Experiencing the joy of dance

Had some old friend or relative seen me there on the floor, they might have been surprised. Since it’s no secret that I don’t like dancing and don’t dance, seeing me shuffle my feet, twisting my hips, jiggling at the knees, bouncing up and down while throwing my arms in the air would surely have made them ask, what I had been drinking.

The dancing went on for about an hour, and after that I was so glad I had done it. This must have been the first time in my life that I have enjoyed dancing freely, not thinking about what I should do, but just doing what I feel like doing, following the music. Actually, I think this was the first time I have done so. What I found interesting was the effect music had on us all. When the song changed, people did similar changes to the way they would dance. Not just regarding tempo and rhythm, but also the specific instruments and the presence or absence of vocals seemed to have a similar impact on all dancers. I was stunned by this observation a couple of times when I, dancing with my eyes closed at the moment, opened them up as the song changed and saw how others had changed their movement patterns in ways similar to mine.

Before we started, our yoga teacher told us how she finds children so inspirational when it comes to dancing. They haven’t had the time to develop the mental constraints and fears that adults have: fear of being judged, thinking what others might think and so on. She encouraged us to express (Ausdruck in German) ourselves instead of presenting what has been imprinted (Aufdruck in German) on us by others. This a very good piece of advice to follow, if you want to do things you like instead of doing things others like.

When we were dancing in that hall in the castle, 20 or so people each to himself, I felt pure joy, listening to the music, feeling the vibration of the lower bass sounds and feet thumping on the floor, moving my body and swinging my limbs without a move being wrong, being taken away by catchy guitar playing, the amusing lyrics of the songs bringing a smile on my face. I felt like a child and I felt like dancing.

Sports and national pride

Some time ago I was still somewhat skeptical towards the national pride people feel during international sports events: countries playing against each other, trying to win and beat the opponent, shooting goals, scoring points and so on. I felt that such national pride was a step towards a more extreme national feeling, one that might end up in nations and people waging war and trying to obliterate one another. At the same time I felt that at least in sports the national pride is channeled in a less harmful way than in the event of open war, sports hooligans being the exception.

When the UEFA EURO 2016 tournament started in the beginning of July, I noticed two things in my hometown. First, people with their origins in different countries were driving around with their national flags fluttering on their car tops and side mirrors. Second, people of different nationalities were driving in the same line and seemed to be enjoying themselves in the spirit of the ensuing sports competition.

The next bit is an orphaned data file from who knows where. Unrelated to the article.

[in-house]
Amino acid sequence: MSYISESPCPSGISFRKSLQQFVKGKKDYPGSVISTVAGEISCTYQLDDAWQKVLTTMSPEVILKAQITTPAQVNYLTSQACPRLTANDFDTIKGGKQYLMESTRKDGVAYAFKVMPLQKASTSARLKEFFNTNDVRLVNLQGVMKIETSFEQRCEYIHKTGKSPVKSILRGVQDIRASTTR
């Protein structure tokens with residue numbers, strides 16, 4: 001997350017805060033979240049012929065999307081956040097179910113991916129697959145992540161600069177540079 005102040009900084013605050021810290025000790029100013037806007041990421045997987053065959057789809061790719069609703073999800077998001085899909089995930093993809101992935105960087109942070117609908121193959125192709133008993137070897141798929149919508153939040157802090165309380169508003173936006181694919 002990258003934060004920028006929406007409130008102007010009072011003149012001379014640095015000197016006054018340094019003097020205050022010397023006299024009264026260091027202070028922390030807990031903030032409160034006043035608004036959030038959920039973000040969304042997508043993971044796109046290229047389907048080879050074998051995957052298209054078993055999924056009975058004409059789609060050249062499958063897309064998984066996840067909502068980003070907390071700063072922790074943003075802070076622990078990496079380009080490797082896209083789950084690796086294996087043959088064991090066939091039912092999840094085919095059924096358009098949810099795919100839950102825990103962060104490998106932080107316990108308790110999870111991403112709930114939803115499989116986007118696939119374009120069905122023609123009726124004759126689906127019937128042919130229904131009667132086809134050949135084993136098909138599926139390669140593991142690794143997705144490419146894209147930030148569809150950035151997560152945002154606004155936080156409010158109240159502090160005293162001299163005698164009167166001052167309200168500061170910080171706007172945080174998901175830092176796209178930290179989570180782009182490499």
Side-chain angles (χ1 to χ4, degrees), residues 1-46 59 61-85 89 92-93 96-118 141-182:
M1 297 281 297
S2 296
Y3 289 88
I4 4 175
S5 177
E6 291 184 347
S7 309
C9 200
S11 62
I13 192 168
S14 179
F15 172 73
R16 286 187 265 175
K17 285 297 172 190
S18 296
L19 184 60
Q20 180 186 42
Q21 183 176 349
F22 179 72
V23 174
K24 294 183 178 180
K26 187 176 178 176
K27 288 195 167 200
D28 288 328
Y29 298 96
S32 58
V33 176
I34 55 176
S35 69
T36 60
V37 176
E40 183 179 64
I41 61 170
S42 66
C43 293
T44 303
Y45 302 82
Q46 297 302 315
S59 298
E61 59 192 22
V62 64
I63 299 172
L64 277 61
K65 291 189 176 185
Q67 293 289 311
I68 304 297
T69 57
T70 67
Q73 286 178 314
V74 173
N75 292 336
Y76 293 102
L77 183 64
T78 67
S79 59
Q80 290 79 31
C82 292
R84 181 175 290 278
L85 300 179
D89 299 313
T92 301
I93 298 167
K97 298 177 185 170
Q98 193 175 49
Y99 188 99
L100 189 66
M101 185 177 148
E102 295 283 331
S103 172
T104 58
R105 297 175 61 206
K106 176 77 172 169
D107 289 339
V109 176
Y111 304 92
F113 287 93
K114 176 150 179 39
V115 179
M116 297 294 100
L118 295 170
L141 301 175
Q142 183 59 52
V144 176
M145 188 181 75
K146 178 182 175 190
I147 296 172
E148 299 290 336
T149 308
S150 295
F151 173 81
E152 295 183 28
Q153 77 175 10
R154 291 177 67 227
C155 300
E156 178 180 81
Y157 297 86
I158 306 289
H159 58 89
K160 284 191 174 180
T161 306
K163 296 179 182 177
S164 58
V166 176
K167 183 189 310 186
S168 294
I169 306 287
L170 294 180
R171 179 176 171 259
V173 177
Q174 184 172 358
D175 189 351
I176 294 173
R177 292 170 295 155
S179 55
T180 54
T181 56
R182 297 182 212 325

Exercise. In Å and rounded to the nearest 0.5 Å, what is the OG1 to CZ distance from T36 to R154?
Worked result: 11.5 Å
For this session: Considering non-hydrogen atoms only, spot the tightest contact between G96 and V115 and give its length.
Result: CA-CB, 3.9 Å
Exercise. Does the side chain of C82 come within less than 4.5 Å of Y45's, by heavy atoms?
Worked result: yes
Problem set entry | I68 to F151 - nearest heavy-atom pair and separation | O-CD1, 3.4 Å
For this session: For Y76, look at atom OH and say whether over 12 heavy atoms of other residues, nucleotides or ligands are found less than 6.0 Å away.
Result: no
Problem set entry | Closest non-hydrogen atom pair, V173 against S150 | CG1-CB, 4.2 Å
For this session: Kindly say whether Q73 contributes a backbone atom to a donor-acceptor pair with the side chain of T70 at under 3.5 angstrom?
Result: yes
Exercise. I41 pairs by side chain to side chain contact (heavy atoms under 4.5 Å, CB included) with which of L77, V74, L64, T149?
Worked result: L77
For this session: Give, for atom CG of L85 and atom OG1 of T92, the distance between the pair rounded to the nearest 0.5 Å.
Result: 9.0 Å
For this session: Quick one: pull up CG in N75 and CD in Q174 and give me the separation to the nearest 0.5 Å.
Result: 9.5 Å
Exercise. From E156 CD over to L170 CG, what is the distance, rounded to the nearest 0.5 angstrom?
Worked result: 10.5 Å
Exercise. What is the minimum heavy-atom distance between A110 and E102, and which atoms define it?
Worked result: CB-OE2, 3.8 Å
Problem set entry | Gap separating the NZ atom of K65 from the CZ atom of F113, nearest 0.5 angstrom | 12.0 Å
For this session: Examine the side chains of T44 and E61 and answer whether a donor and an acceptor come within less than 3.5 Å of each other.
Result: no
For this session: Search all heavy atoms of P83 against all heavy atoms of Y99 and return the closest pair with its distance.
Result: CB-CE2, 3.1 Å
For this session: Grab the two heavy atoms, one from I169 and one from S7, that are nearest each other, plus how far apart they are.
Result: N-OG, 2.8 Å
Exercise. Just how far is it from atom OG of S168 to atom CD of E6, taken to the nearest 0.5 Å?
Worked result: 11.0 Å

This made me adjust my opinion on the national feeling brought about by sports. That feeling is a healthy feeling, as long as it involves respectful behavior against others and is about coming together, regardless of nation and origin, showing others the best sides of me, being proud of my and my country men’s good qualities and admiring the good qualities in others. It is just wonderful how people of different nationality and origin can, in a foreign country, openly express their background and cheer for their home country. Contrasting this with the national feeling usually felt during war made me realize, how different the two situations are. I find it more difficult to imagine people showing their background and nationality in a foreign country during wartime, especially if their country of residence and their home country are not allied, not to mention on the opposing sides.

During war time it would be difficult to try to show your good qualities in a foreign country and being appreciative of those of others, if you in fear of being identified as an outsider do not want to stand out. But during peace time you and your country men can show through sports how good people you are, how well you treat others, co-operate with and respect others and how skilled you are. Then you use that national pride to stand out of the crowd and improve the lives of those around you.

Sports brings people together and helps us accept each other just as we are, without paying too much attention to the differences between us, rather accepting everyone as they are and embracing them and their contribution to the society. Sports helps us form stronger bonds and use those in other areas of life to achieve greater deeds together than we could alone.

Season final at Gams

Last weekend hour sports association finished the competition season at the Rheinthaler Turfest in Gams. In our category we finished 2nd. Although there were only 2 teams in our category, our score shows that we would have placed among the top ten, or even top five, in the neighboring categories as well. It just happened to be that we had too few participants in our team to make it to the highest category, but also too many to compete in the lower categories that had up to over 30 teams each. Regarding the final score, we achieved our goal of 27 points or more, or an average of nine out of ten.

Unfortunately, I could not participate since I sprained my lower back the evening before. Luckily, it turned out to be just a prolonged and very hard muscle cramp. Nevertheless, it prohibited me from participating in the competition, but a team member jumped in to substitute me, so my absence didn’t cost the team any points. A good team is prepared for absences even on the day of the competition.